It’s easy to tell we’re in post-Labor Day mode in high performance computing. There has already been a flood of vendor announcements in the first few days of September, with many more to follow, I’m sure, in the weeks ahead as we head toward the SC08 hullabaloo. It’s always fun to see the new HPC offerings and what the marketing departments have come up with for the product names.
Actually, I have a few pet peeves about naming conventions for products, companies and technologies. It often amazes me what people consider to be compelling brand names for these things. So as a community service, I’ll offer some guidelines on tech naming conventions that I think are worthwhile. (Hey, no need to thank me.) To be honest, the list of suggestions are more like things to avoid. Here are my top five:
Don’t make the brand name harder to spell than the name of your company’s CEO.
This is a problem because most humans are generally poor spellers and the nature of the Internet means that difficult brand names are bound to mangled as more and more people write about the product or company. The now defunct Linux Networx tried to get a little too cute with their company name. Toward the end they reverted to LNXI, a pseudo-acronym, but at least easier to remember.
Use uppercase and lowercase letters in a sensible way.
You know who I’m talking about, eXludus. For this, I blame C and Java, two languages that popularized case sensitivity in variables. OK in programming, not so much in branding. Also, initial caps are mandatory. mental images is a great organization that has developed a cool rending app called (sigh) mental ray. But if you’re not familiar with the company’s aversion to capitalization, those names get lost in the marketing brochure.
Don’t call something X-anything.
Names like Xfactor or Xtreme sound trendy. But c’mon, it’s not the 1970s and you’re not selling comic books to teenagers. Along those lines, I’d stay away from all prefixes that lean toward hyperbole: Super, Ultra, Hyper, … you get the idea.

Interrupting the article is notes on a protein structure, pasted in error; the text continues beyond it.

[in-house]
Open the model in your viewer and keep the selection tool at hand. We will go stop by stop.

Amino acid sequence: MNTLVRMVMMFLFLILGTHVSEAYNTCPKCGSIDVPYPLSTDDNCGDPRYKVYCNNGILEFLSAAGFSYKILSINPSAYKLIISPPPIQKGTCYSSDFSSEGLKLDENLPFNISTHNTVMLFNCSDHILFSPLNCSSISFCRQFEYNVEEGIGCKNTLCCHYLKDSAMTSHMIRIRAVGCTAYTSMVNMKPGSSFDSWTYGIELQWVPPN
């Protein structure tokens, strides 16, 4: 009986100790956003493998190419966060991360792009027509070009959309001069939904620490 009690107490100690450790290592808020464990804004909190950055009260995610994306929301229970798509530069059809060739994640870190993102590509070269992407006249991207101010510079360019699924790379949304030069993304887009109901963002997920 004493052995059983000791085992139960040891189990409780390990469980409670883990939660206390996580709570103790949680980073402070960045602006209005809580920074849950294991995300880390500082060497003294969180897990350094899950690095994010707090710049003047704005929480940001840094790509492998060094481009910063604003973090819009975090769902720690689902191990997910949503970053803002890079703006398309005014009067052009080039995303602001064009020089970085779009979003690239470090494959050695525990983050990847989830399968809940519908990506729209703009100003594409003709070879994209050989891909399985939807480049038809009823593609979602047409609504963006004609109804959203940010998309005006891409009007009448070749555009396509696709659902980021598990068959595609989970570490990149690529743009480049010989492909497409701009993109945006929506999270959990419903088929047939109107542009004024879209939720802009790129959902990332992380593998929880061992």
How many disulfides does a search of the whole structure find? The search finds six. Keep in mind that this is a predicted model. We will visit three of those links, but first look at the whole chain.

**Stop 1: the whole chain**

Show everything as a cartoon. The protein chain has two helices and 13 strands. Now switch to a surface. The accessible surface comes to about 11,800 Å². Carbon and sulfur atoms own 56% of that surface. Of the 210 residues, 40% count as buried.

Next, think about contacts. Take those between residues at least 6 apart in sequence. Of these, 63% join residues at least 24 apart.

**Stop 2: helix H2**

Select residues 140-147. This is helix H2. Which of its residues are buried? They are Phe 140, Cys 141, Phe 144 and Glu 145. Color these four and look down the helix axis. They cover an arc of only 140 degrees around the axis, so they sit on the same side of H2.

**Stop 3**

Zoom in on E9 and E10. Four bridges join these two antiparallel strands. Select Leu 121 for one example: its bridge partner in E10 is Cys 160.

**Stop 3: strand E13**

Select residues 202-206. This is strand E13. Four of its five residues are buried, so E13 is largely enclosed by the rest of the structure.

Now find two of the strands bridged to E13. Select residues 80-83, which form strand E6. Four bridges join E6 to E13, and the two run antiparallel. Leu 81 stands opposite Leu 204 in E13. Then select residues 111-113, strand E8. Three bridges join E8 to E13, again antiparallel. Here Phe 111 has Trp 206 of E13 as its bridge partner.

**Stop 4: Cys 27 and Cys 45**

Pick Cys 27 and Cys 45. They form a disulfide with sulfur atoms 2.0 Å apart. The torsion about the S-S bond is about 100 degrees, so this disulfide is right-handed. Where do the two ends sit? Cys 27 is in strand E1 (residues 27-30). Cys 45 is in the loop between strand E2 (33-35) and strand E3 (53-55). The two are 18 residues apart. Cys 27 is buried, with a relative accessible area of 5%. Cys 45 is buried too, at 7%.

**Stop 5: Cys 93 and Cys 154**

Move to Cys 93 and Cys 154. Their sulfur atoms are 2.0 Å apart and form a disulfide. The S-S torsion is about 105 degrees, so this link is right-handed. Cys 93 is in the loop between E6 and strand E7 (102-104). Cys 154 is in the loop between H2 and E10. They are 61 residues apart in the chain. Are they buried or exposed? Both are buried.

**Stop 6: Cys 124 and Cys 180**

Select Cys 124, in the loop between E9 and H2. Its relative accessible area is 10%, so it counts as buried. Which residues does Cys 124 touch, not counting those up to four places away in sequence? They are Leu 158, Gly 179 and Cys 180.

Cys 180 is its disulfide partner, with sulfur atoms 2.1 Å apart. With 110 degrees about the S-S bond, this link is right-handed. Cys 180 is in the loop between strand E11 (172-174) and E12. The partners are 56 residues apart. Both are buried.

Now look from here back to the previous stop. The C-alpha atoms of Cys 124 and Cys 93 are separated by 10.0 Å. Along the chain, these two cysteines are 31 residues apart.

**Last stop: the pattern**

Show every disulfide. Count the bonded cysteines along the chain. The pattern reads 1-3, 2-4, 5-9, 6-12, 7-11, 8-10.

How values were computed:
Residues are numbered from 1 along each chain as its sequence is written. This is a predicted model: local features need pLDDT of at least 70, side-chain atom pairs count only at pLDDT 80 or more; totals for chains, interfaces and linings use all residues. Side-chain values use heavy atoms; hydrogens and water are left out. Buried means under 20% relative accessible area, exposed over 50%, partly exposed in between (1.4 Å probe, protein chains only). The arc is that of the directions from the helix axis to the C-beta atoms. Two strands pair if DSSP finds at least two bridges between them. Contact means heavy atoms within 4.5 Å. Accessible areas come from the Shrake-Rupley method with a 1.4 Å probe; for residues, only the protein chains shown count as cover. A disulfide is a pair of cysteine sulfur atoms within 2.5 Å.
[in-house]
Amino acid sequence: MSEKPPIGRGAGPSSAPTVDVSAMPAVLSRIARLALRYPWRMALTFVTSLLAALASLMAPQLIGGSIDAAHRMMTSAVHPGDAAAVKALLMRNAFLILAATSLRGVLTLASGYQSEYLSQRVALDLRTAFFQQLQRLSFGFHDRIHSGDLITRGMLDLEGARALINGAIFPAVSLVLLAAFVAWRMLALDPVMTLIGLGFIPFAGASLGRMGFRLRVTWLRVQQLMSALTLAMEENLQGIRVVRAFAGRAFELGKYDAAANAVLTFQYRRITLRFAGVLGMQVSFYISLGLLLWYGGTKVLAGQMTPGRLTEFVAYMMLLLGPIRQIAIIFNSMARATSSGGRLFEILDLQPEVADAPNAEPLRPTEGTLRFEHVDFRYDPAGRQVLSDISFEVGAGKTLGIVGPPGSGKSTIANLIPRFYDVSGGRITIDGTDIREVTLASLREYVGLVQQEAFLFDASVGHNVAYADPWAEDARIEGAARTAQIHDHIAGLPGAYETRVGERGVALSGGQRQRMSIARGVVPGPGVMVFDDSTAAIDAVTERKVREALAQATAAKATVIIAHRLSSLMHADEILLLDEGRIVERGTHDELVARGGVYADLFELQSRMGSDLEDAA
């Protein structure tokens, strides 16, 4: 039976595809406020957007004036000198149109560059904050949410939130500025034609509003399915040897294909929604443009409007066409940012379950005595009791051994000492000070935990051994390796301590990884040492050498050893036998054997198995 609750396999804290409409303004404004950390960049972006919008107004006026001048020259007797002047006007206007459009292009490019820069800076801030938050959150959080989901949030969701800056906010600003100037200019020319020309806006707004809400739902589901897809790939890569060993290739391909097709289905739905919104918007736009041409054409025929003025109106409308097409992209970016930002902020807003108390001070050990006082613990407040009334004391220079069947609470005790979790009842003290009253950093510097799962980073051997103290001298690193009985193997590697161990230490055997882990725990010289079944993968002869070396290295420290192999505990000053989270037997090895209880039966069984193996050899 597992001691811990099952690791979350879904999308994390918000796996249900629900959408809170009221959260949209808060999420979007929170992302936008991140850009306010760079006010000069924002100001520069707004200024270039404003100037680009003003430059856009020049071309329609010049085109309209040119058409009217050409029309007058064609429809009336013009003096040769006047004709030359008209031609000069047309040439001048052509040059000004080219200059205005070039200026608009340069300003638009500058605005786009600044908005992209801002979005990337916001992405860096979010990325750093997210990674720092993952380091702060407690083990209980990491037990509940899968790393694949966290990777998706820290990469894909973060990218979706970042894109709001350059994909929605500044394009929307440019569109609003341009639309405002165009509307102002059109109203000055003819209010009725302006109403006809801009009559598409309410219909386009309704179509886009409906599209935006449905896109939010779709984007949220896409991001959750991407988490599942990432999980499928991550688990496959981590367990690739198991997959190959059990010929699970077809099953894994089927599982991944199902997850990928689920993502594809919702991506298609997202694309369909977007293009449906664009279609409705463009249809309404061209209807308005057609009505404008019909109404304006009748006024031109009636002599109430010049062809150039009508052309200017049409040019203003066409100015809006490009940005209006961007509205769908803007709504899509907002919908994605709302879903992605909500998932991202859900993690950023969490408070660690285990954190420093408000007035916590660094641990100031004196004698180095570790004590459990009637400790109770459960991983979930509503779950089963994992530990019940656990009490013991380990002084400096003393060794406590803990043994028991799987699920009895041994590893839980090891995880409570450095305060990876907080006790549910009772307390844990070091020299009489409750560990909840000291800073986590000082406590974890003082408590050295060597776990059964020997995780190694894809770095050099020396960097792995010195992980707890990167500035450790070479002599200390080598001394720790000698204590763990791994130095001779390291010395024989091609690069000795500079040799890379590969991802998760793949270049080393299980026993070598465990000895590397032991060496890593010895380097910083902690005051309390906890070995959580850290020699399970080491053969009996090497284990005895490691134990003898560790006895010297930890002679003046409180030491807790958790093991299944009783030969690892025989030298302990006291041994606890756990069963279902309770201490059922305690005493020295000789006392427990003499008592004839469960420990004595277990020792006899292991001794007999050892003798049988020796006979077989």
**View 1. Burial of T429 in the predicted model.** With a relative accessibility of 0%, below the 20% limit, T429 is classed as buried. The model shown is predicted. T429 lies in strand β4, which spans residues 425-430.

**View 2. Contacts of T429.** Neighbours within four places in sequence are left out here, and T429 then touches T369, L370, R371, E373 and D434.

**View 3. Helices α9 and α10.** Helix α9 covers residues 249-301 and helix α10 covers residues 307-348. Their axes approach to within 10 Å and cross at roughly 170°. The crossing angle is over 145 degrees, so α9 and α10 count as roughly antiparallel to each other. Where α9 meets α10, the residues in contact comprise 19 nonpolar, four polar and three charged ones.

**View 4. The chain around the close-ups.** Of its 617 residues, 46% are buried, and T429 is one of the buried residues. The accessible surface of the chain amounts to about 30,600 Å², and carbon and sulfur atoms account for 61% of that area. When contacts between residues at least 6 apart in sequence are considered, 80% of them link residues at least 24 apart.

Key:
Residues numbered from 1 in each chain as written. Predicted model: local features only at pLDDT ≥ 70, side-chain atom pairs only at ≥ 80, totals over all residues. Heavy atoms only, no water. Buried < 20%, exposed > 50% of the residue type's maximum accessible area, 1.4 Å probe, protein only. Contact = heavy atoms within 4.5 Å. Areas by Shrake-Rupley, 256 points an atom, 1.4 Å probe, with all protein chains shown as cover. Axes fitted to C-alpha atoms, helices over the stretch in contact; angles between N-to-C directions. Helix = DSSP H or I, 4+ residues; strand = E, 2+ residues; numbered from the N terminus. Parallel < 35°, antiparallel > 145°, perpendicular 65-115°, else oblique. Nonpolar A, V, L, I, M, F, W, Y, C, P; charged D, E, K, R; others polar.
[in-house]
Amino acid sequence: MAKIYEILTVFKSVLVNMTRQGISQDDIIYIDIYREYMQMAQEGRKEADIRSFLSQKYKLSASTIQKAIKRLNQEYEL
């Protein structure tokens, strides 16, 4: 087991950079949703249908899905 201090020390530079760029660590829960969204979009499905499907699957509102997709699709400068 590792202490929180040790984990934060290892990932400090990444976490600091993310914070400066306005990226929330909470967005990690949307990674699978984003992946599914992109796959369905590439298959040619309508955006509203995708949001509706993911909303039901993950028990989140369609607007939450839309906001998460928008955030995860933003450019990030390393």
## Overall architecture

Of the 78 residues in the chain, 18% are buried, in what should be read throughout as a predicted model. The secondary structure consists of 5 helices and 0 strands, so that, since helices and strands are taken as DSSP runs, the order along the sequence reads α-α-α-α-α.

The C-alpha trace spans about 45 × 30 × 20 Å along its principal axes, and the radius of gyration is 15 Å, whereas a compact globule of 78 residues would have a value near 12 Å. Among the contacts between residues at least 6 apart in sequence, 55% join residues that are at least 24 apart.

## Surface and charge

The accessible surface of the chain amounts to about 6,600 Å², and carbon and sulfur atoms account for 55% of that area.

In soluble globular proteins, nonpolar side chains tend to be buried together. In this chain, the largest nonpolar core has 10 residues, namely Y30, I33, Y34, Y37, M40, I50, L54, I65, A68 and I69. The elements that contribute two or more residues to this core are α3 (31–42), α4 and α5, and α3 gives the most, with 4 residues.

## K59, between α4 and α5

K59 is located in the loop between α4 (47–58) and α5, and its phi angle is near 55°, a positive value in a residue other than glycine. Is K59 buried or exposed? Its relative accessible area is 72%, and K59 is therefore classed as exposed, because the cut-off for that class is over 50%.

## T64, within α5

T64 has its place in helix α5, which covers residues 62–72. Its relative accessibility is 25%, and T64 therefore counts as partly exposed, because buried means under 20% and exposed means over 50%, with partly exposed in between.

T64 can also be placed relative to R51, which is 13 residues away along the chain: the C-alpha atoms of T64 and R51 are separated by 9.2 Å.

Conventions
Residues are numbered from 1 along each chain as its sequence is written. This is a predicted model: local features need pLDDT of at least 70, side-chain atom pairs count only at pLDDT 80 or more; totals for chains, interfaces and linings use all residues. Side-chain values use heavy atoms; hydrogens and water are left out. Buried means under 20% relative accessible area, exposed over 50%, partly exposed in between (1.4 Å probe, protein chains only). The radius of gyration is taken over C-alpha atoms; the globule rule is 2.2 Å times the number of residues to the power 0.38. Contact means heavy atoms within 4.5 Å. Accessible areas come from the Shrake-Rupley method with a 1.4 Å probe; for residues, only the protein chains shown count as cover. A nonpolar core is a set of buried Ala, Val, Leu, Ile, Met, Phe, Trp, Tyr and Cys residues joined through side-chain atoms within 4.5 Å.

Don’t choose a company name that sounds like a rock band.
OK, that’s actually hard to avoid. Maybe the better advice here is to encourage rock bands not to come up with names that sound like tech companies. Metallica would have been a great brand for hardware firm. Silentium, a company that makes noise reduction products for computers, also happens to be the name as a Finnish Gothic metal band. Hmm.. I wonder if Silentium’s noise reduction technology could be applied to Gothic metal music.
Beware of tying your brand to trendy technology jargon.
This is probably hard for the marketing weenies to resist, since getting a brand positioned as a technology leader is always foremost in their minds. But the folks that used “Grid” to name their product have probably lived to regret it. In ten years, I’m betting words like “Cloud,” “Virtualization,” and “SOA” will also have moved on.
To me this all seems like marketing 101, but I’m continually surprised by how many firms (even large ones that can afford marketing departments) descend into strangeness when it comes to brand names.
So what’s a good name? One that is simple to say, spell, and remember, but is also unique and clever. Ideally, you don’t need to resort to an acronym to shorten it. One of the best examples for a company name is Appistry, a software maker for application fabrics. The best OS name: probably Linux. And the best product name … drum roll please: Opteron.